Bacterial Biofilms: A Charged Environment

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Bacillus subtilis biofilm
A Bacillus subtilis biofilm grown in a Petri dish. Credit: Süel Lab, UCSD.

Last summer, we shared findings from Gürol Süel Exit icon and colleagues at the University of California, San Diego, that bacterial cells in tight-knit microbial communities called biofilms expand in a stop-and-go pattern. The researchers concluded that this pattern helps make food at the nutrient-rich margin available to the cells in the starved center, but they didn’t know how. They’ve now shown that the cells use electrochemical signaling to communicate and cooperate with each other.

Because nutrients and other signals cells use to sense each other and their environment move rather slowly, the researchers looked for a faster, more active communication system in biofilms of the bacterium B. subtilis. They focused on electrical signaling via potassium, a positively charged ion that, for example, our nerve and muscle cells use to send or receive signals.

The research team found that the biofilm cells starved of a negatively charged small molecule, glutamate, released potassium ions through specialized channels in the cell membrane. This potassium release changed the electrical charge across the membrane. In response to this change, neighboring cells also released potassium, setting off a fast-moving chain reaction that propagated the electrical signal across millions of cells within the biofilm.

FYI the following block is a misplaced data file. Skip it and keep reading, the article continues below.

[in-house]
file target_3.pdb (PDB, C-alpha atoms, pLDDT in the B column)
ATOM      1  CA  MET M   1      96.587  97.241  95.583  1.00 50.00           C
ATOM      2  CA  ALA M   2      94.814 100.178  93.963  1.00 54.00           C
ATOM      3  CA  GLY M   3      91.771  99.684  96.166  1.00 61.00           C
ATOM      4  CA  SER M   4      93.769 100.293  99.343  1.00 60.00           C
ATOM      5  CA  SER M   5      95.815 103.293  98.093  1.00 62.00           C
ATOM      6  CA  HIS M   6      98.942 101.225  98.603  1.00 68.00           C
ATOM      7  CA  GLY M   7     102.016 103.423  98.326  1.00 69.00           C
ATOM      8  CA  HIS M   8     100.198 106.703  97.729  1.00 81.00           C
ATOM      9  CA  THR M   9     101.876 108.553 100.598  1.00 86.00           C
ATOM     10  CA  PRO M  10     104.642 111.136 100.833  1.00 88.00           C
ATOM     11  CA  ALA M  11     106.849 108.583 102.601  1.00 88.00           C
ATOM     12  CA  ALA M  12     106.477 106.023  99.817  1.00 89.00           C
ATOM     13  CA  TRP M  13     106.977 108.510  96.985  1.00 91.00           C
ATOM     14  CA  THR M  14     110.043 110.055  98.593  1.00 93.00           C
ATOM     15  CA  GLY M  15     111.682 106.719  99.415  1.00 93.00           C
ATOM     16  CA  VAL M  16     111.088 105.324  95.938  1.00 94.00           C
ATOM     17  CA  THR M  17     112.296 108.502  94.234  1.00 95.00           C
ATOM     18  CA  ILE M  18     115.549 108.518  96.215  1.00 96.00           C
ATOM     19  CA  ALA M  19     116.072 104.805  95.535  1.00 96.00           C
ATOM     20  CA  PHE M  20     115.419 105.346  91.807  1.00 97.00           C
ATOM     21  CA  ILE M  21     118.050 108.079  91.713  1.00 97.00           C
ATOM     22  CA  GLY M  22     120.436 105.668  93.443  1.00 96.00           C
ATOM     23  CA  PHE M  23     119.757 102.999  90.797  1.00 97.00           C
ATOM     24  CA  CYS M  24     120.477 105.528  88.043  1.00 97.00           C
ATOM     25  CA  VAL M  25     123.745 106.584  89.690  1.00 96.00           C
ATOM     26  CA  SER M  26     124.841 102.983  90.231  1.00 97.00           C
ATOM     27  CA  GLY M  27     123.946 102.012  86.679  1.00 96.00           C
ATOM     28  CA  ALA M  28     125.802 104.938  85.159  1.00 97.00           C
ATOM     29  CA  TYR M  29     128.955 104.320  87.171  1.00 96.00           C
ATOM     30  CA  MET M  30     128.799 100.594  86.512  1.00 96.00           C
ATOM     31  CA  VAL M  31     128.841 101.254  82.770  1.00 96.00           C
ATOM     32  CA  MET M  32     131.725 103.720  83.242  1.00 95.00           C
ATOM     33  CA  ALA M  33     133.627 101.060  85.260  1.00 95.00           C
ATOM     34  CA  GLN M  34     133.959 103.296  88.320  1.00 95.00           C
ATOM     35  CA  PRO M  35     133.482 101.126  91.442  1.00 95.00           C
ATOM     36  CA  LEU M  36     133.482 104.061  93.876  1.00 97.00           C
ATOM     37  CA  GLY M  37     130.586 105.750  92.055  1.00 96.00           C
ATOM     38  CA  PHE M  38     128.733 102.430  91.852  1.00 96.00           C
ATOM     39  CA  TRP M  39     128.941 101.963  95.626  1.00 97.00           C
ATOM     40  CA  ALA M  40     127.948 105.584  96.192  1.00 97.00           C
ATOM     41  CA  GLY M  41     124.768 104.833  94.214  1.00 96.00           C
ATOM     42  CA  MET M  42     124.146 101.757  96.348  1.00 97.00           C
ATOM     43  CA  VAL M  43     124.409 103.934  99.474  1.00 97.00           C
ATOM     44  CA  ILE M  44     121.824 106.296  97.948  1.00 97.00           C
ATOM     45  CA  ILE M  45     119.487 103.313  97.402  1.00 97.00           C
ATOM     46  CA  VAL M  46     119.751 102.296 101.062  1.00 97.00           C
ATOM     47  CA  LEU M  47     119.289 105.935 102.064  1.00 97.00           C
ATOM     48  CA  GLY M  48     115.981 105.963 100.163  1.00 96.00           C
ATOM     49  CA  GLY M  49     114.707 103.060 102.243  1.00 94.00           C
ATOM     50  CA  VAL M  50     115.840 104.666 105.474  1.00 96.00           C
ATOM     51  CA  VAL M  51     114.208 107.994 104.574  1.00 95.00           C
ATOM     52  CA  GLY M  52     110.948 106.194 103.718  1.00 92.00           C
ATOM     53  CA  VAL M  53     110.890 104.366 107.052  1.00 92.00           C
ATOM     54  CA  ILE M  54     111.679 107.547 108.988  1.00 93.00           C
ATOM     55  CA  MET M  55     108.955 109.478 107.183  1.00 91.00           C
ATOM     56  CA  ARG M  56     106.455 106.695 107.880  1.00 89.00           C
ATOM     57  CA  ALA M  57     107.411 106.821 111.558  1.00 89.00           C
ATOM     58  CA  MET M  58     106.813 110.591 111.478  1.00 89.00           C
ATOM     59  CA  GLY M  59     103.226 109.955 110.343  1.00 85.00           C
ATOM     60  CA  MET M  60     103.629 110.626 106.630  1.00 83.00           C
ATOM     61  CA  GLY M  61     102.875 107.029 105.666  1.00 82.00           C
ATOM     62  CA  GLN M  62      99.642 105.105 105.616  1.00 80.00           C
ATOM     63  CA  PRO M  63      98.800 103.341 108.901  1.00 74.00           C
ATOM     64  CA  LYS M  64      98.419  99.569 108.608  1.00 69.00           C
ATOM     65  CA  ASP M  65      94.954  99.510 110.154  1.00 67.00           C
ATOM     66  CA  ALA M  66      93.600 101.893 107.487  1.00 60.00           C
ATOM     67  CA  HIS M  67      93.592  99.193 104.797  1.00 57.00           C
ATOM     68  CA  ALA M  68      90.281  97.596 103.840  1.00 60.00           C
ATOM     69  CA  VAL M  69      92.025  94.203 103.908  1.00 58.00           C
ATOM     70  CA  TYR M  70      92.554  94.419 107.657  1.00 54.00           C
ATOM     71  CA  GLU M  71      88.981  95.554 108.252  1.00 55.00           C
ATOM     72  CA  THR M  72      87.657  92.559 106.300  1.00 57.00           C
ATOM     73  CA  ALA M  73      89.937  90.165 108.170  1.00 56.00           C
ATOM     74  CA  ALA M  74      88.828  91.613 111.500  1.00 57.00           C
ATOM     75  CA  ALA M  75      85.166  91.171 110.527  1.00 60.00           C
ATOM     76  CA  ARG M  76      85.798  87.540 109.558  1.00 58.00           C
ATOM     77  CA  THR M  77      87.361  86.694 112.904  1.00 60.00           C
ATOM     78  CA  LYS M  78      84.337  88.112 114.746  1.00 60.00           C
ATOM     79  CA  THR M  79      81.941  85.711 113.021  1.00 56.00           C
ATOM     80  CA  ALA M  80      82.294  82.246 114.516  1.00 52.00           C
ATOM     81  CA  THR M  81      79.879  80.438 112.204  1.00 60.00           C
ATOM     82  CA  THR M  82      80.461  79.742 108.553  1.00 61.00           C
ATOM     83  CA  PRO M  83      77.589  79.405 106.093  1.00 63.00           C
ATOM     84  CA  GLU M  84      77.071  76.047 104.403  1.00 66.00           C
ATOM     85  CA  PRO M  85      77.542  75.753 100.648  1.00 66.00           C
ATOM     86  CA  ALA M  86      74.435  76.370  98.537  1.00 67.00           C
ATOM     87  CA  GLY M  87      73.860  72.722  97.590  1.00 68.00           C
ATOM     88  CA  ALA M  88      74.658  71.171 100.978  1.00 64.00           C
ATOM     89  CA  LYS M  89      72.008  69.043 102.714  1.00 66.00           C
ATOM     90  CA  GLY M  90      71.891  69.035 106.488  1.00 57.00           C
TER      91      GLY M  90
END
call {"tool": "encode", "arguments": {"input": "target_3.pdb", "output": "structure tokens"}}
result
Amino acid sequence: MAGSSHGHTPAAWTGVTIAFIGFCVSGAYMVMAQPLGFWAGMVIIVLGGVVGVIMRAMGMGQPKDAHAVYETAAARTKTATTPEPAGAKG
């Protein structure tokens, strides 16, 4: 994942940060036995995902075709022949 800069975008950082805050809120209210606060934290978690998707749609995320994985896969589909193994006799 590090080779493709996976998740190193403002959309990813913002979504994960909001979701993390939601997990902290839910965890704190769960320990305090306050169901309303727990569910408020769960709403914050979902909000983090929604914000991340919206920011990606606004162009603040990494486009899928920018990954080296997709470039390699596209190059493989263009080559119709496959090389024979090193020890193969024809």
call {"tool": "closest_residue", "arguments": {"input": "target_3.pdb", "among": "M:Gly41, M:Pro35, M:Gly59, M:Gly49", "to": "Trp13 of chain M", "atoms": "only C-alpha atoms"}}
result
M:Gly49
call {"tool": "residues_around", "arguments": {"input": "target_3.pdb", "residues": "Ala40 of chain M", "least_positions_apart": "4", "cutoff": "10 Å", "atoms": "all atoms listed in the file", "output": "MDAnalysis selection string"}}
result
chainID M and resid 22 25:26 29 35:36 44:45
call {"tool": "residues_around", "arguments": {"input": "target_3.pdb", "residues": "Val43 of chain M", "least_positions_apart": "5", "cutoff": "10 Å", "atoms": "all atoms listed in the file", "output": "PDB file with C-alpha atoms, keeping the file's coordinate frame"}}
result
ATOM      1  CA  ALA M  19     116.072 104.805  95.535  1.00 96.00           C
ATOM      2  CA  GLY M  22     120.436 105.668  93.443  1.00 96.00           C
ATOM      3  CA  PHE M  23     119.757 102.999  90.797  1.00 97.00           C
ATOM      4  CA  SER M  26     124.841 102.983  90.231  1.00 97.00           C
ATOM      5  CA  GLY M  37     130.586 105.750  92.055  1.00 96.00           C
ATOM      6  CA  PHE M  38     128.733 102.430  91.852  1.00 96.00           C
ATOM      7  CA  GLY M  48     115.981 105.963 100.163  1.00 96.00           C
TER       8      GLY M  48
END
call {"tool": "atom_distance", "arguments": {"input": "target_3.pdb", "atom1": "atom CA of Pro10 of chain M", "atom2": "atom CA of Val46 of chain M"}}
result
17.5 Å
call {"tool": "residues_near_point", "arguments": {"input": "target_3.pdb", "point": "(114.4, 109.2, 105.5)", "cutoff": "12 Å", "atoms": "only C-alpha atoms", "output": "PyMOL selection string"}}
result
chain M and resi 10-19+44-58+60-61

Bacteria with high levels of positively charged potassium just outside their membrane cannot take in negatively charged glutamate. So when the potassium signal reaches the nutrient-rich biofilm periphery, it temporarily halts the peripheral cells’ glutamate uptake and growth, driving the biofilm’s oscillating growth pattern.

The new insights into how bacterial cells coordinate their growth, published last month in Nature, will help scientists find better ways to stop or prevent biofilm formation. Biofilms are a concern in both sanitation and medicine because they shelter harmful bacterial cells from the actions of chemicals and antibiotics.

Süel and his team now want to pursue more deeply the connection between metabolism and electrophysiology and to investigate other roles electrical signaling may play in biofilm communities.

This work was funded in part by NIH under grants R01GM088428 and P50GM085764.

One Reply to “Bacterial Biofilms: A Charged Environment”

  1. As from my self experice these cells are have to be the electrical signlands must strogly tight with metabolism throught enviromental bacteria which cause the death to the metabolism cells into the blood and with upincrease of presure in the blood they must provoke metabolism cancer… See it if you like and write me back.
    Katsanouli Sophia

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